When we read the book of Hebrews, we encounter a community of Christians living in a time of trial, a community not so different from yours or mine. They, like us, are struggling to understand God in the midst of suffering. The message of the book is our message—their story is our story.

Throughout the book, the author of Hebrews states that the community must learn to hold fast to their confession and all it entails. In this study, we will learn what type of confession the author had in mind and how it was to be personally and communally lived-out. By learning what the book states in its own right and in its own context, we will learn what God is saying to us in our circumstances.

Deeply rooted in the sermon delivered to the Hebrews is a sense of urgency. The same sense of urgency exists today. We too suffer from war, lack of community, and spiritual depravity. Our study of the book will help us understand the pressing needs of a previous generation and answer the cry of our own. Understanding how God equipped ancient believers, we will understand how God can outfit us. In this ancient text, we find modern answers.

Hebrews 1

"Long ago, at many times and in many ways, God spoke to our fathers by the prophets, 2 but in these last days he has spoken to us by his Son, whom he appointed the heir of all things, through whom also he created the world. 3 He is the radiance of the glory of God and the exact imprint of his nature, and he upholds the universe by the word of his power. After making purification for sins, he sat down at the right hand of the Majesty on high, 4 having become as much superior to angels as the name he has inherited is more excellent than theirs. 5 For to which of the angels did God ever say, "You are my Son, today I have begotten you"? Or again, "I will be to him a father, and he shall be to me a son"? 6 And again, when he brings the firstborn into the world, he says, "Let all God's angels worship him." 7 Of the angels he says, "He makes his angels winds, and his ministers a flame of fire." 8 But of the Son he says, "Your throne, O God, is forever and ever, the scepter of uprightness is the scepter of your kingdom. 9 You have loved righteousness and hated wickedness; therefore God, your God, has anointed you with the oil of gladness beyond your companions." 10 And, "You, Lord, laid the foundation of the earth in the beginning, and the heavens are the work of your hands; 11 they will perish, but you remain; they will all wear out like a garment, 12 like a robe you will roll them up, like a garment they will be changed. But you are the same, and your years will have no end." 13 And to which of the angels has he ever said, "Sit at my right hand until I make your enemies a footstool for your feet"? 14 Are they not all ministering spirits sent out to serve for the sake of those who are to inherit salvation?"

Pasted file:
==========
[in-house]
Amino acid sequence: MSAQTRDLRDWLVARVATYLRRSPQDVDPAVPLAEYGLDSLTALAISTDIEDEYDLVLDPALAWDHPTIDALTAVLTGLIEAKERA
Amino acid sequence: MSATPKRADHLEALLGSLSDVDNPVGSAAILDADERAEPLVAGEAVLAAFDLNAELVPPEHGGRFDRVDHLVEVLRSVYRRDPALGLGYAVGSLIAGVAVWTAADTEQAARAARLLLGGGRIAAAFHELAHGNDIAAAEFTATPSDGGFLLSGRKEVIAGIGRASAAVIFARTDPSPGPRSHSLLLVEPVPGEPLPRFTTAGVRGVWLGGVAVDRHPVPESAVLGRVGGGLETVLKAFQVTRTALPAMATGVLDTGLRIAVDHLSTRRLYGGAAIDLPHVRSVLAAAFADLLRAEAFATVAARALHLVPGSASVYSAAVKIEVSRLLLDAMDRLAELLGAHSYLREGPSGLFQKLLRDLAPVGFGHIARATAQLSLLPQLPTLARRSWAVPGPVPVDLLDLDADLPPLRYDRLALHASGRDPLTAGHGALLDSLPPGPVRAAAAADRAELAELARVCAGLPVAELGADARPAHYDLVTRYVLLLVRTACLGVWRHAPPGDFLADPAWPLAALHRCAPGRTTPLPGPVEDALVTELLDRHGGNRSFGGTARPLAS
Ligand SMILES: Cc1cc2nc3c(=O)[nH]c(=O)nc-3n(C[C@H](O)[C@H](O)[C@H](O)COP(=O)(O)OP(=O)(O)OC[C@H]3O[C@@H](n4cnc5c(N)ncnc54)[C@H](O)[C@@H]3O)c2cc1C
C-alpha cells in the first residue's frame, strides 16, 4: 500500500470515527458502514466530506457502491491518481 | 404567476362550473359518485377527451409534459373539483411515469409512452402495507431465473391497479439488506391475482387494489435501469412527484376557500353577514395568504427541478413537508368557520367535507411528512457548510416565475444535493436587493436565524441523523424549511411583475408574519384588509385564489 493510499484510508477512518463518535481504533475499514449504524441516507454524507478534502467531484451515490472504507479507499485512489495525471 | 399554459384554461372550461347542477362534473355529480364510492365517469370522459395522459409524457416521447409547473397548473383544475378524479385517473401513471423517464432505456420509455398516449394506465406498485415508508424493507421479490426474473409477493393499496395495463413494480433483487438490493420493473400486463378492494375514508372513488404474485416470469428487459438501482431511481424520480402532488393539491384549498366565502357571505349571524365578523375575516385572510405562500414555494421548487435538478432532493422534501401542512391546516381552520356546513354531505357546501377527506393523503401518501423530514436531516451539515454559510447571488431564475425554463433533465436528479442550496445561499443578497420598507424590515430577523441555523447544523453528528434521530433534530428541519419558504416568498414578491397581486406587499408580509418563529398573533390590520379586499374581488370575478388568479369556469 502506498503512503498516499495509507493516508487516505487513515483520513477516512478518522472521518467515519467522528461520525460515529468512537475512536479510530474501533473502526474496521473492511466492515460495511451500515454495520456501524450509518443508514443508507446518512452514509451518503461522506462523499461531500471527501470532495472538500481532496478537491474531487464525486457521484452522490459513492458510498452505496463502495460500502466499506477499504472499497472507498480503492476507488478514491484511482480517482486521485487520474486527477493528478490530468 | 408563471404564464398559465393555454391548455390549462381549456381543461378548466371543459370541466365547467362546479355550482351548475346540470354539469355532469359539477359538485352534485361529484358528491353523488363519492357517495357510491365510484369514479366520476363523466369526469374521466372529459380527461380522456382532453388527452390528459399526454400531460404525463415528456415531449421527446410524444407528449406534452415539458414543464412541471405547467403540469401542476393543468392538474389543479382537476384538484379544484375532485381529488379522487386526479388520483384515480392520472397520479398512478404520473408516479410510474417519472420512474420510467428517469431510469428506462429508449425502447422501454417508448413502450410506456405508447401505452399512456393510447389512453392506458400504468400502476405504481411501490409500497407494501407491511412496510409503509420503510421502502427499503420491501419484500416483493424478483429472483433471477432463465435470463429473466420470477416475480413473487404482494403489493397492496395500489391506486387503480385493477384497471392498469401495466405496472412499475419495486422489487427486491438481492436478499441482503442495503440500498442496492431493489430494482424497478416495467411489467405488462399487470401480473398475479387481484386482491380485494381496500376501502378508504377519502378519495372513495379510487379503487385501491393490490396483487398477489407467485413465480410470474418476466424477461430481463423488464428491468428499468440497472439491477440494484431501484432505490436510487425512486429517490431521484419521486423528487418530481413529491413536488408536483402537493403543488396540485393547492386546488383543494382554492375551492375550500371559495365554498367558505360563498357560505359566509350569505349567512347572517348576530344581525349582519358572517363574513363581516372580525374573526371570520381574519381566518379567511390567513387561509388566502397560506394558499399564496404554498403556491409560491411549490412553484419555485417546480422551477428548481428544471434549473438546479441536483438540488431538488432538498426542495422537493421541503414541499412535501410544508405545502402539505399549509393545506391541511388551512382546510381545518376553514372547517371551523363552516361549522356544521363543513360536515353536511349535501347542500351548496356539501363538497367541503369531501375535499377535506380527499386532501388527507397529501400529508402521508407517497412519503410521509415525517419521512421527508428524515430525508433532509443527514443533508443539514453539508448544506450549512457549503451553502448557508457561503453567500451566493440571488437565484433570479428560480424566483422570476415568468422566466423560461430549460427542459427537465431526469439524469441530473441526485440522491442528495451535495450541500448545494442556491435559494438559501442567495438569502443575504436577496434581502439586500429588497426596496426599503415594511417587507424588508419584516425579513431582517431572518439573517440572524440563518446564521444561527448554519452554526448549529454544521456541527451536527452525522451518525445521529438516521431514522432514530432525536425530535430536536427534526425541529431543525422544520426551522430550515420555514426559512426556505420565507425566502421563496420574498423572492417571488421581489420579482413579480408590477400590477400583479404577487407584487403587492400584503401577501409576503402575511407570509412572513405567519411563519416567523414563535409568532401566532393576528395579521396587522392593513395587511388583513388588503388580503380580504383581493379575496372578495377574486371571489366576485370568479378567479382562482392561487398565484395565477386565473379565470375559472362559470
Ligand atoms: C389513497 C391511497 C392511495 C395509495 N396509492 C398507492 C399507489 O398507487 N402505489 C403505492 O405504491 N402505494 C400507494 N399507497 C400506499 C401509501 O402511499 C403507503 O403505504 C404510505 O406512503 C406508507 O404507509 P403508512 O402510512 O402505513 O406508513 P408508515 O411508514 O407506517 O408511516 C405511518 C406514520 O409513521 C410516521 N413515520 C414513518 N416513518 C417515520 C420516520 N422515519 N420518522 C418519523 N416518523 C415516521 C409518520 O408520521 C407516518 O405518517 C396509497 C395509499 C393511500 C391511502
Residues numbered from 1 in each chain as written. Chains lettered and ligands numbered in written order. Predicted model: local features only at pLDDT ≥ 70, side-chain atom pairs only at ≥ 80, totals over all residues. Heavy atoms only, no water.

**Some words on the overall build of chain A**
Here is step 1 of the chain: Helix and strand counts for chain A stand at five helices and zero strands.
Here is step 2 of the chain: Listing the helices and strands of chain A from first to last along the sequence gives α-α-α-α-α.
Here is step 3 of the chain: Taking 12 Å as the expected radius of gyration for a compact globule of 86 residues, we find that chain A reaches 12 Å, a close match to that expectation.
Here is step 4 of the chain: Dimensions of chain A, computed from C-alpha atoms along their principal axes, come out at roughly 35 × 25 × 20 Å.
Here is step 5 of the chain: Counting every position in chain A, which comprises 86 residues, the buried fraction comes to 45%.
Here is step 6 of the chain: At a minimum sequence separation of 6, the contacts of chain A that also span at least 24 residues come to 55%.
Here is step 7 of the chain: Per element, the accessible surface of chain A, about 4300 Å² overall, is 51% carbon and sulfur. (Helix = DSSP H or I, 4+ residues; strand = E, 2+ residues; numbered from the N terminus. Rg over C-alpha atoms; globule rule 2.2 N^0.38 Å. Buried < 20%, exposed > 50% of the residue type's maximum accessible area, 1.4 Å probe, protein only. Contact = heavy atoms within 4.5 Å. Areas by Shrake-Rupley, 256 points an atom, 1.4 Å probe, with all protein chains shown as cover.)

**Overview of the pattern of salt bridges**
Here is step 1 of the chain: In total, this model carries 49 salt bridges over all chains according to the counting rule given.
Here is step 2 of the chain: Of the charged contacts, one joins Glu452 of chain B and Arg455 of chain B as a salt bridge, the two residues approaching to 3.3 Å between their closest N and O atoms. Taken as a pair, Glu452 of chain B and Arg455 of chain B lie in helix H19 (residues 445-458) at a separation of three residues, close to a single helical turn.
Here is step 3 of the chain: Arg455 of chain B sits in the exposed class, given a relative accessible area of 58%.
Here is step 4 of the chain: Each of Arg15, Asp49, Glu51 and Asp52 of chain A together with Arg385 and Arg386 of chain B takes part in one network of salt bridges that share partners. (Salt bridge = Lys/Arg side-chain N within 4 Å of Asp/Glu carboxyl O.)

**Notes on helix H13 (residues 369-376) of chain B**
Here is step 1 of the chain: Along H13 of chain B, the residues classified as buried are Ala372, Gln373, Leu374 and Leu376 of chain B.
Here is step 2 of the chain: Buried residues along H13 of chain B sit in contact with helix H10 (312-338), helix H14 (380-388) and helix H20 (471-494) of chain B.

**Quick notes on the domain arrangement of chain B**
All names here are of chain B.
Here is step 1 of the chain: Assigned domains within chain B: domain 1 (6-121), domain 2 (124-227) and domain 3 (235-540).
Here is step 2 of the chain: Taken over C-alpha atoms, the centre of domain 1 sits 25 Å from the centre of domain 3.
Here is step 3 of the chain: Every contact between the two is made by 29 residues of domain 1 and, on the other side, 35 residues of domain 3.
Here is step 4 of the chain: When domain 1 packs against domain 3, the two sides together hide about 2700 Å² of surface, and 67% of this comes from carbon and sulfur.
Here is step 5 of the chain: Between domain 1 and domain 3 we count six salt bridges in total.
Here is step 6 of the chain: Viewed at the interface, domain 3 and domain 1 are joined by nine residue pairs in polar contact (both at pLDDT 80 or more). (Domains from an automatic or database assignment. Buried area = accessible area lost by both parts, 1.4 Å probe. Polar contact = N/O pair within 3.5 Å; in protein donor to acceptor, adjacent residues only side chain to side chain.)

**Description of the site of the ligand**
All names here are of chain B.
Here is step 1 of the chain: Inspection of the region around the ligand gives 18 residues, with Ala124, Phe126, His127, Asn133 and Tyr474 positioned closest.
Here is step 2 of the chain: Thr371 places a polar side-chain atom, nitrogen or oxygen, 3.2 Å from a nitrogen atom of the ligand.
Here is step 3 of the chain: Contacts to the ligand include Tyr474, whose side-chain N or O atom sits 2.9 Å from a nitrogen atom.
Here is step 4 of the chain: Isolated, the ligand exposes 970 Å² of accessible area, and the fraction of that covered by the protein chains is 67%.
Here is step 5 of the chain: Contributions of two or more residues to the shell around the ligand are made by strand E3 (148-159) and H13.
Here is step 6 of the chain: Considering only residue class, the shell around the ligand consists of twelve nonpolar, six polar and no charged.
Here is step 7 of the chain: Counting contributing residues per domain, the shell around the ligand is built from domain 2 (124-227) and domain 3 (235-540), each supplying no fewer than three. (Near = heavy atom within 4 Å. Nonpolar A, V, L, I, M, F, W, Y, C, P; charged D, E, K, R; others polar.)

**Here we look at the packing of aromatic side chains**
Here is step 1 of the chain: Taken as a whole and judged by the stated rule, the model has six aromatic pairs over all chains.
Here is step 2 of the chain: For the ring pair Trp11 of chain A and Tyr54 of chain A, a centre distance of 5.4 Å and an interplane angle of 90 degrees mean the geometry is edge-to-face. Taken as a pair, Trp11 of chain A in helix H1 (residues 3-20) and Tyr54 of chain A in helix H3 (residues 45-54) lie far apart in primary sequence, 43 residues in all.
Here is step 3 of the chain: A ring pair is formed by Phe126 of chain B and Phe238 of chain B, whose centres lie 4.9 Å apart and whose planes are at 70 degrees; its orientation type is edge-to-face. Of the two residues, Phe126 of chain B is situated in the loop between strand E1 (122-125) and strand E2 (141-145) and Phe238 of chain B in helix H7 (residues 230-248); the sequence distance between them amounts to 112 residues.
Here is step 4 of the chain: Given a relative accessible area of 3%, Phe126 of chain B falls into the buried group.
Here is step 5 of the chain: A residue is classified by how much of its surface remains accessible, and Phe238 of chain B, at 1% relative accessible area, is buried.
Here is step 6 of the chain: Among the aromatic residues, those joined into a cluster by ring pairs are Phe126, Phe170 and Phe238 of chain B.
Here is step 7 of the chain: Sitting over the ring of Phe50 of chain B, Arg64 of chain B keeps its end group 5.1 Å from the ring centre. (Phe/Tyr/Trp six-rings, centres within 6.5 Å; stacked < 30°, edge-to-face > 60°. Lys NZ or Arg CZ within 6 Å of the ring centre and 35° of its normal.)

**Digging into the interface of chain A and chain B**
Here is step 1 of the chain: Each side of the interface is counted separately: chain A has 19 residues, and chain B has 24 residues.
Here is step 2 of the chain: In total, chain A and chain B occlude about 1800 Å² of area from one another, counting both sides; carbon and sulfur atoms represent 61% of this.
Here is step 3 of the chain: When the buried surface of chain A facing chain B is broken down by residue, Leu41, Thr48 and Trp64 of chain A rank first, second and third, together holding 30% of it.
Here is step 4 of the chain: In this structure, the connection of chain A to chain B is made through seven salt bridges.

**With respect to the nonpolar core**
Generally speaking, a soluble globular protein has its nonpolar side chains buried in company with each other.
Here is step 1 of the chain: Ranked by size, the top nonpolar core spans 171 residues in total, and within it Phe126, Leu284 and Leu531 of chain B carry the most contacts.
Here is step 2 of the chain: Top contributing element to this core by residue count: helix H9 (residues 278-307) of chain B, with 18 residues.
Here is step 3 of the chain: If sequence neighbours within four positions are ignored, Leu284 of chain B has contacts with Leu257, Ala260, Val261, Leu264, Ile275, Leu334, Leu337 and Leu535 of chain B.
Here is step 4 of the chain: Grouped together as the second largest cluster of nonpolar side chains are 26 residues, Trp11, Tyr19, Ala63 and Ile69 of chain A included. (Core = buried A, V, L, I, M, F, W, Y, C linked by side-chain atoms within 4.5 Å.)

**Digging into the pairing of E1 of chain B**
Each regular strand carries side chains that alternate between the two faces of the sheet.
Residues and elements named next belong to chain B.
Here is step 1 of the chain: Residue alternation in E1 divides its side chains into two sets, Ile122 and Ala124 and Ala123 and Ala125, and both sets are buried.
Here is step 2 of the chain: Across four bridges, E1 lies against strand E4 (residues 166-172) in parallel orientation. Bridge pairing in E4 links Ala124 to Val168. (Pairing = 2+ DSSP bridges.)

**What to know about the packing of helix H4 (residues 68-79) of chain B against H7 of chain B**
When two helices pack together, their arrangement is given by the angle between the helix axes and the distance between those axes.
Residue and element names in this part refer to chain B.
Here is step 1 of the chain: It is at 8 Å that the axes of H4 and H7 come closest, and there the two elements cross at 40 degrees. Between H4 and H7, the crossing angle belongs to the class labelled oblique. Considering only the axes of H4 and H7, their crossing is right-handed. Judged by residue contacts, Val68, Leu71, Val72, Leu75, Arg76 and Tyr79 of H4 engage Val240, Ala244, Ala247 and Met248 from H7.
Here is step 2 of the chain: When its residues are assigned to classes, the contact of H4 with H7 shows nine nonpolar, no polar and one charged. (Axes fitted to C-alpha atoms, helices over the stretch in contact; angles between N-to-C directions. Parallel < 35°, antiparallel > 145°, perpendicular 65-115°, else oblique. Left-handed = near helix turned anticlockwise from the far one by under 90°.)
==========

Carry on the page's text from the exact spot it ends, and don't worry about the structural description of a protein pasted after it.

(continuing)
WEEK 1

Open the Book—Read It and Pray It

Take a moment to pray that the Holy Spirit will illuminate this book.

Read the Book of Hebrews aloud in one setting (all 13 chapters). In the Graeco-Roman and Jewish world, letters (like those in the New Testament) were read aloud in front of a group of people. Likewise, Hebrews, a sermon converted into a letter, would have been read aloud.

Reflect upon what stuck out to you as primary themes, ideas or messages. How would these things affect a community living after Jesus' resurrection in a time of political, military and social uprisings? Imagine that your place of worship, your home and your community is being destroyed simply because you look a certain way or practice a certain religion. How would this influence your interpretation of the book?

Read the book several more times throughout the week. Continue your reflection on its central themes and ideas by contemplatively praying throughout your study.